INTRO

Don't your peaches, they look mellow, hangin' way up in your tree?
Don't your peaches, they look mellow, hangin' way up in your tree?
Yes, them are your yellow peaches, babe, I know they're sweet

I'm gon' get me a step ladder, baby, climb up on your top limb
I'm gon' make me a step ladder, baby, climb up on your top limb
Get them all, your yellow peaches, yeah, it's gonna be, too-bad-Jim

Every time I decide to climb your tree, babe, I wonder what make you smile
Every time I decide to climb your tree, babe, I wonder what make you smile
Get them all, your yellow peaches, babe, I know they're sweet and mild

All best,
Johnm



Offline JAC

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Re: R. L. Burnside Lyrics
« Reply #9 on: October 09, 2021, 03:09:25 PM »
Hi everybody!!

I was working on that great song but I can't get the job finish, can somebody help me, please?



Poor Black Mattie ain't got a change in clothes
Full got drunk, close that door
Poor Black Mattie ain't got a change in clothes

Need no heater fireplace by my bed
Women I got cherry red
Need no heater fireplace by my bed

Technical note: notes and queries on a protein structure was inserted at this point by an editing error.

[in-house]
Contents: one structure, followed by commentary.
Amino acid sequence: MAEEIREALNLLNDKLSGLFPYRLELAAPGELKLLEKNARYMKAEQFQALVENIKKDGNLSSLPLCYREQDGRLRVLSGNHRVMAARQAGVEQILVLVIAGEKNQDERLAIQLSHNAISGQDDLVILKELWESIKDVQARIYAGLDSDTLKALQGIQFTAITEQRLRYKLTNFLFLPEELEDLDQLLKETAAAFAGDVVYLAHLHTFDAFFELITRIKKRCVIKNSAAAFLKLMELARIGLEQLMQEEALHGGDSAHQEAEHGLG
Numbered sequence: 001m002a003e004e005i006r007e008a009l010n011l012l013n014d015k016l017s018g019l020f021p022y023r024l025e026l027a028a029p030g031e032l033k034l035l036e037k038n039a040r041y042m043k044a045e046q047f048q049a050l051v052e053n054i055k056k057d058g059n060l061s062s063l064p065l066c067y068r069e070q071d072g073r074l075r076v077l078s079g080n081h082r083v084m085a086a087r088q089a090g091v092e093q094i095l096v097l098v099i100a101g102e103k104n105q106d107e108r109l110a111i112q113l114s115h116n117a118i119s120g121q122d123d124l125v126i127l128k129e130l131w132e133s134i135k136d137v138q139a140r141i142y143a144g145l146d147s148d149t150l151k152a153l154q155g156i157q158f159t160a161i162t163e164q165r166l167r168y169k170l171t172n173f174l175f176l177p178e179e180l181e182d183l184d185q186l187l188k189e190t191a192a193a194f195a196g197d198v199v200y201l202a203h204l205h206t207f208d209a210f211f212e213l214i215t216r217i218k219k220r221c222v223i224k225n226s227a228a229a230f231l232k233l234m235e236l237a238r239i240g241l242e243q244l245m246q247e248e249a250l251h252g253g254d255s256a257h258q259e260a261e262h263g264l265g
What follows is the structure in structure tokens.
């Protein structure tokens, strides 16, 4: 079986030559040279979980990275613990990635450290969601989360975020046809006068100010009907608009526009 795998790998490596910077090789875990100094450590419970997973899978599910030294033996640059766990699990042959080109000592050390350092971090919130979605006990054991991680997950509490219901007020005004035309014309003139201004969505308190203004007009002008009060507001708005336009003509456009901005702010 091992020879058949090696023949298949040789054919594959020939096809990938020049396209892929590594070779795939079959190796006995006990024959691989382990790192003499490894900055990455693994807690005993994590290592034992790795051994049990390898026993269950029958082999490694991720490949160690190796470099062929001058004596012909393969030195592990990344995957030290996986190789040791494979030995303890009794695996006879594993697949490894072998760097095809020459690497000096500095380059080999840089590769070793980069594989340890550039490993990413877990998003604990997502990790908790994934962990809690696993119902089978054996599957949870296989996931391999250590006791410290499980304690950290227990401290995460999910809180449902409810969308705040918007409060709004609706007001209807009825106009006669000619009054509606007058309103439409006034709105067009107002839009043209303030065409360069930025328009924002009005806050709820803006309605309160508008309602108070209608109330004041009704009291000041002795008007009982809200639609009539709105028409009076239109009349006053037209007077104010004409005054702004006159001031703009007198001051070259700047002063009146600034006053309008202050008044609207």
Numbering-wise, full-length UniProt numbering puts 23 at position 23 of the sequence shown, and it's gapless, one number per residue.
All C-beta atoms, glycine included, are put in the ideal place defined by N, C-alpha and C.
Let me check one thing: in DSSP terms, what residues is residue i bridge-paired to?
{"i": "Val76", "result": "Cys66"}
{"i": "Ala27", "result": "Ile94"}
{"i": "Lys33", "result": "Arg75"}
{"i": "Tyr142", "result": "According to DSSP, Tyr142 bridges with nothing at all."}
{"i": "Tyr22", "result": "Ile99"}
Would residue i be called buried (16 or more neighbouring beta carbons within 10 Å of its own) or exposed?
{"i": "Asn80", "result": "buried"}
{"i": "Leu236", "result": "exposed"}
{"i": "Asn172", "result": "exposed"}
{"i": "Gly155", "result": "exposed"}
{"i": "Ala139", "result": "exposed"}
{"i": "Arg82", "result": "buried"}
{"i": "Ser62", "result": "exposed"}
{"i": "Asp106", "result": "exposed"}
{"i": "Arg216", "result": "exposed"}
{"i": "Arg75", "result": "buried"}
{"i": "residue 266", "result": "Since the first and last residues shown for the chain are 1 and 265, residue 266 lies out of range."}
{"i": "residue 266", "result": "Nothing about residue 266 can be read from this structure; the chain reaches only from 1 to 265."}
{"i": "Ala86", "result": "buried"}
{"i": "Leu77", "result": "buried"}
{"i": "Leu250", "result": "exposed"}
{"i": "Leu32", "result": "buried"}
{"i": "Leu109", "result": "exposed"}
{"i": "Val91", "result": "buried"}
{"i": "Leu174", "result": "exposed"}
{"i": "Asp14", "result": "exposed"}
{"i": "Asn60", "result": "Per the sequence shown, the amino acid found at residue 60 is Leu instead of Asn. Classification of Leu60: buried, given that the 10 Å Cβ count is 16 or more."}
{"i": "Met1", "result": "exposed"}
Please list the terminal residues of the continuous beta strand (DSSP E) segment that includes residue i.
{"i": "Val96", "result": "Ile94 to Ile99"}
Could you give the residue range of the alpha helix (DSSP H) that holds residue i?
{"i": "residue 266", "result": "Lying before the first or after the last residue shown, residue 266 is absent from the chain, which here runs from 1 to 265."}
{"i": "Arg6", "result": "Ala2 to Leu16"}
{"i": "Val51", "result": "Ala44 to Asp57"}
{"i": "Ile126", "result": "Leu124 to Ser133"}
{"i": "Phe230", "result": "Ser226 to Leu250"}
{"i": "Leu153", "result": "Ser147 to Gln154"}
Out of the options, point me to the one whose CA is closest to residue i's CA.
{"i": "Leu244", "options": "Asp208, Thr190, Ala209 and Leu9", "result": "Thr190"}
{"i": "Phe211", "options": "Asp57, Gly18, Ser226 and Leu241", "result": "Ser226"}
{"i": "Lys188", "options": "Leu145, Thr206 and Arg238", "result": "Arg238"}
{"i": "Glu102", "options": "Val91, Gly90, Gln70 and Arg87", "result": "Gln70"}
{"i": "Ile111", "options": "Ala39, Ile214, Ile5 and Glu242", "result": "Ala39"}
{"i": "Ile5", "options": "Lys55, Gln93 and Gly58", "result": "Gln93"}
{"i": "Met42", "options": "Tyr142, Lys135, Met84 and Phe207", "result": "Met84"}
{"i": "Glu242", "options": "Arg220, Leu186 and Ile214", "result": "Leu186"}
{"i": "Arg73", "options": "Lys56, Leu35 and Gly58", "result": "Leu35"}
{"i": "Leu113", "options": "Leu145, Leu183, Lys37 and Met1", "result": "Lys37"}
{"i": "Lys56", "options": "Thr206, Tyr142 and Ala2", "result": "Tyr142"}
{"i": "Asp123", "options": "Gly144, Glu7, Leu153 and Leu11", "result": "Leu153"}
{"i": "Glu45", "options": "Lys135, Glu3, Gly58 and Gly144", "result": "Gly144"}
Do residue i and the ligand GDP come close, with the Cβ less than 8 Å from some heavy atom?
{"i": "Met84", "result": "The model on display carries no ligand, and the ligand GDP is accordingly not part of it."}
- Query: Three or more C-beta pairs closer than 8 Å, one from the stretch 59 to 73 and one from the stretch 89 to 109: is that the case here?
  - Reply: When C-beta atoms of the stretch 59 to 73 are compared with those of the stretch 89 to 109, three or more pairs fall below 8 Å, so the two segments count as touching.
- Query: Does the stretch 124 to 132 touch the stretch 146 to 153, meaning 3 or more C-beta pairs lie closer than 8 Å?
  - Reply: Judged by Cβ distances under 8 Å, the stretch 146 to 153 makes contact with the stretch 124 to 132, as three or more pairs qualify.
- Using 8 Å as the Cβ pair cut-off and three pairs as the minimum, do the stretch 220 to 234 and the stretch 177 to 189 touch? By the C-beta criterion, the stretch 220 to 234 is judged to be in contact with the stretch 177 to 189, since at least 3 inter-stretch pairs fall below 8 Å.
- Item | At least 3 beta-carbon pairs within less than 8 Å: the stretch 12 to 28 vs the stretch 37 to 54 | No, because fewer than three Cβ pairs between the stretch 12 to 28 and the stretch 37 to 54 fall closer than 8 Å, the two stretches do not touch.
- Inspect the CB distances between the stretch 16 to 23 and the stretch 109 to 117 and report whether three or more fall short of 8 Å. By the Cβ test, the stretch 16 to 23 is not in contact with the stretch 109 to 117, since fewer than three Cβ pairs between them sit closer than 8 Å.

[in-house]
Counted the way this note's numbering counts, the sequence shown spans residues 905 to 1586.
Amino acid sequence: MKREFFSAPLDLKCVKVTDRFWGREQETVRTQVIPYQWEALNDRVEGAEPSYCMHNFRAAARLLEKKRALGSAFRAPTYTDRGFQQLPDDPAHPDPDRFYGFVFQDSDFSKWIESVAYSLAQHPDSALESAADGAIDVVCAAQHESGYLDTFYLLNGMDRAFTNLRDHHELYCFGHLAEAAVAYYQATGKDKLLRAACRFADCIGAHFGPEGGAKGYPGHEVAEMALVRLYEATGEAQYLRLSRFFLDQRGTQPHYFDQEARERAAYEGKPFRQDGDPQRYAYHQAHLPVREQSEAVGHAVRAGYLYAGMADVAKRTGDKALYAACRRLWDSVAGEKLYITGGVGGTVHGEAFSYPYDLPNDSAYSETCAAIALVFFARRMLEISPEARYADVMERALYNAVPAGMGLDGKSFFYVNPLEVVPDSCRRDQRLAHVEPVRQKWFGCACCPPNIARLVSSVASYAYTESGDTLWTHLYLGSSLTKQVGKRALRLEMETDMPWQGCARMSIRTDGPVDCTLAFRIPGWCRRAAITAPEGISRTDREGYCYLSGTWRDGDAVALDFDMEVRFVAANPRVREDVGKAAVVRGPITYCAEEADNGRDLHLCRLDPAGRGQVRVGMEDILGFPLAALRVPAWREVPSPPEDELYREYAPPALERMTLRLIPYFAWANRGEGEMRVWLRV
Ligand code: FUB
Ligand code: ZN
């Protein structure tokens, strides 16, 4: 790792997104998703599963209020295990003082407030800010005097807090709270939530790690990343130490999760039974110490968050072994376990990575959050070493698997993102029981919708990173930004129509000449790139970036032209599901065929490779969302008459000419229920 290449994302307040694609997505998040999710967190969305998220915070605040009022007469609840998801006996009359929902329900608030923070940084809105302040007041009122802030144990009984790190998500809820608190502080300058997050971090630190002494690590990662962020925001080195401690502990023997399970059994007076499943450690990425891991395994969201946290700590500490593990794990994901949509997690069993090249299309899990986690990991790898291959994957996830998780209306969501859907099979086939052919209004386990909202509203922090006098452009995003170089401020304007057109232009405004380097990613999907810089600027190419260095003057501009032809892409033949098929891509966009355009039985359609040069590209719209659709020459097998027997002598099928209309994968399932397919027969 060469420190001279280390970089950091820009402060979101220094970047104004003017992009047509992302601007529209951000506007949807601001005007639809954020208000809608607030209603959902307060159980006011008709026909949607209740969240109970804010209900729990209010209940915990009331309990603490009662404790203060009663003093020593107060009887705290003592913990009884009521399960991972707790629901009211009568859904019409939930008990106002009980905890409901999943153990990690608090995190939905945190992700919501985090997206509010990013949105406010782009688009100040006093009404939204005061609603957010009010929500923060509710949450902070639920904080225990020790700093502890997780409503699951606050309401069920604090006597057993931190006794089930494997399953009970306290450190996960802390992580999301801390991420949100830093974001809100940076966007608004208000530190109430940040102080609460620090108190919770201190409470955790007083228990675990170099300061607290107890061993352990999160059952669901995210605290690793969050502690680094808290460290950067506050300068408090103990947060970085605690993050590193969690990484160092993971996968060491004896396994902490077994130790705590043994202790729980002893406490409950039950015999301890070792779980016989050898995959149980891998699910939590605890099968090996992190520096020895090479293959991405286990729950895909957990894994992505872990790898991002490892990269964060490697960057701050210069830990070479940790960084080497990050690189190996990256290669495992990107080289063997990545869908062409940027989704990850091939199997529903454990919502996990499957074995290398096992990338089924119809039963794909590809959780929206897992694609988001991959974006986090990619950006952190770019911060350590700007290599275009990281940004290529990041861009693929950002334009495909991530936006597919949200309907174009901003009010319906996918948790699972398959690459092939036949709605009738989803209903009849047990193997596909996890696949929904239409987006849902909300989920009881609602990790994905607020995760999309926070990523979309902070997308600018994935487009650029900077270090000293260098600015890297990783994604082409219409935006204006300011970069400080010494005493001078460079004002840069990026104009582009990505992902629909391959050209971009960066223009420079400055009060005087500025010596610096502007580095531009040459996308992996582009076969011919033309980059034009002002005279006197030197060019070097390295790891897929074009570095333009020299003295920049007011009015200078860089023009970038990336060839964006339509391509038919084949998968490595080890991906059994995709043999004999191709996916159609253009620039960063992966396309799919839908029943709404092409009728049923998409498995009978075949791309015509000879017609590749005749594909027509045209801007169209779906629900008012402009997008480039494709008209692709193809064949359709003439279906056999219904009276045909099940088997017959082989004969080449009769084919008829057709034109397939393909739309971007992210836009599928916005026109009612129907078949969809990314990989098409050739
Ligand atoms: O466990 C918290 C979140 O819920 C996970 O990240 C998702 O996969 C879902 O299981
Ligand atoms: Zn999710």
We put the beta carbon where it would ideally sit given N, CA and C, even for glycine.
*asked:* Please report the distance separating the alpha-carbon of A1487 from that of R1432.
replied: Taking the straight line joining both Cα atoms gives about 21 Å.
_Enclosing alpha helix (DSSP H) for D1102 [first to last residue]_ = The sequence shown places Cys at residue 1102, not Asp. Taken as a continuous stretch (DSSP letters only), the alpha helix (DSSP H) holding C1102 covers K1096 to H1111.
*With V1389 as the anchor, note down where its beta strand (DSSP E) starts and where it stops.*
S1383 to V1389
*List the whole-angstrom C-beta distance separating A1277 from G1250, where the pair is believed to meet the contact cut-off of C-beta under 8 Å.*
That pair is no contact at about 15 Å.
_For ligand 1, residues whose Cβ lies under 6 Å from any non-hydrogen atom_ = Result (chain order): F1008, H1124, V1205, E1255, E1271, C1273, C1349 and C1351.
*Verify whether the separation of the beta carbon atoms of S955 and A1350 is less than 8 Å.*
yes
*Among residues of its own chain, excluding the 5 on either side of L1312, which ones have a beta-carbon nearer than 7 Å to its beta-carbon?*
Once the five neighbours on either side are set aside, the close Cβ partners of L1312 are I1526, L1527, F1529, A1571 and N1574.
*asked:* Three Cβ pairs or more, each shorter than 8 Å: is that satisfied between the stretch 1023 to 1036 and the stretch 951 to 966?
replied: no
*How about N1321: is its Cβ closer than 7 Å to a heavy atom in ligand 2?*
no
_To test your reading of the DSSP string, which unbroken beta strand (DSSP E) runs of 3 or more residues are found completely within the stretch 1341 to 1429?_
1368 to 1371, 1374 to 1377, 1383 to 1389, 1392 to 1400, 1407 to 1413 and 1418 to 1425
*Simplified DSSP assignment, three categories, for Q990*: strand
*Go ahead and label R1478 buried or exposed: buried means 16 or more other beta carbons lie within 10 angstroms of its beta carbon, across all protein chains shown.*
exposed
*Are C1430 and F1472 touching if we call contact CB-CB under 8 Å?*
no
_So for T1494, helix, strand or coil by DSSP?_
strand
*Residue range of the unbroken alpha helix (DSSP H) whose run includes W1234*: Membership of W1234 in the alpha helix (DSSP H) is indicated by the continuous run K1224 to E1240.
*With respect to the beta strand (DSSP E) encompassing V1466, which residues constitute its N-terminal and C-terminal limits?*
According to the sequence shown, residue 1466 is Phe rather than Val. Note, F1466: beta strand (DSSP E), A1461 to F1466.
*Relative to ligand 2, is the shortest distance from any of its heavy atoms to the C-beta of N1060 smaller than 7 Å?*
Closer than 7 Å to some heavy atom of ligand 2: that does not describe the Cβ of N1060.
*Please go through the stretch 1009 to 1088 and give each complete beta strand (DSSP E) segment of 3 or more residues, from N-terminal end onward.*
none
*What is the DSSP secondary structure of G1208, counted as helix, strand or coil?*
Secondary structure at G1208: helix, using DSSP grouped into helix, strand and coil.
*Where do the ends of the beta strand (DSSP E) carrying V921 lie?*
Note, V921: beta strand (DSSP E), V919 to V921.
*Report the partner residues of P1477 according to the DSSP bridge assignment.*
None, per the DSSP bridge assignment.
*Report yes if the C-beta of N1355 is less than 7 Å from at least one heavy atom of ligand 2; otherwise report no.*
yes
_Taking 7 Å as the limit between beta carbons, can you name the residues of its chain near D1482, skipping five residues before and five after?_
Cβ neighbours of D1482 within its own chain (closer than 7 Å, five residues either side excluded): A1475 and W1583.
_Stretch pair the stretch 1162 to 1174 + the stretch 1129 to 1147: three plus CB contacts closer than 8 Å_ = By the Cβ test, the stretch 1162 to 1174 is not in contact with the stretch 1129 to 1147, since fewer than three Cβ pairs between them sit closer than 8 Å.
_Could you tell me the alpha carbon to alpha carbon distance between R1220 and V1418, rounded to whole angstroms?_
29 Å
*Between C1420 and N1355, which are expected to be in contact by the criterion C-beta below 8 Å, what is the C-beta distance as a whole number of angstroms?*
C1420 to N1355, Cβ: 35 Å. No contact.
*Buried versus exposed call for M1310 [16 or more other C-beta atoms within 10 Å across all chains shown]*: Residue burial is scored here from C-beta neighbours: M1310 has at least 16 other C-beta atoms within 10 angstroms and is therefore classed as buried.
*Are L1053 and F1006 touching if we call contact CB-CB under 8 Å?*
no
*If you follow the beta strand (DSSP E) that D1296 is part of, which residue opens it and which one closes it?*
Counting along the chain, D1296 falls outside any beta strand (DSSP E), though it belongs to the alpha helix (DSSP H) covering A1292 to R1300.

Woman I got, keep me cherry red

Goin' to Memphis, see the World is Fair
Reason I'm goin', baby's there
Goin' to Memphis, see the World is Fair

Reason I'm goin', know my baby is there

See that moonlight shining throught the trees
Look at that woman, ?????????????????????
See that moonlight shining throught the trees

See that woman, ????????????????????????

Thank you so much!!!

Offline Blues Vintage

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Re: R. L. Burnside Lyrics
« Reply #10 on: October 09, 2021, 03:28:53 PM »

1? = above her knee
2? = dress above her knee

Offline Blues Vintage

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Re: R. L. Burnside Lyrics
« Reply #11 on: October 09, 2021, 03:38:12 PM »
Full Fool got drunk, close that door clothes outdoor

Goin' to Memphis, see the World is Fair Worldy Fair
Reason I'm goin', baby's there
Goin' to Memphis, see the World is Fair Worldly Fair


throught through the trees

Offline Blues Vintage

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Re: R. L. Burnside Lyrics
« Reply #12 on: October 09, 2021, 03:43:02 PM »

“Memphis’ Worldly Fair”: Deciphering Riddles In A Hill Country Blues Lyric


http://thedeltareview.com/americana-2/memphis-worldly-fair-deciphering-riddles-in-a-hill-country-blues-lyric/

Offline JAC

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Re: R. L. Burnside Lyrics
« Reply #13 on: October 10, 2021, 12:47:40 PM »
Thank you very very much!!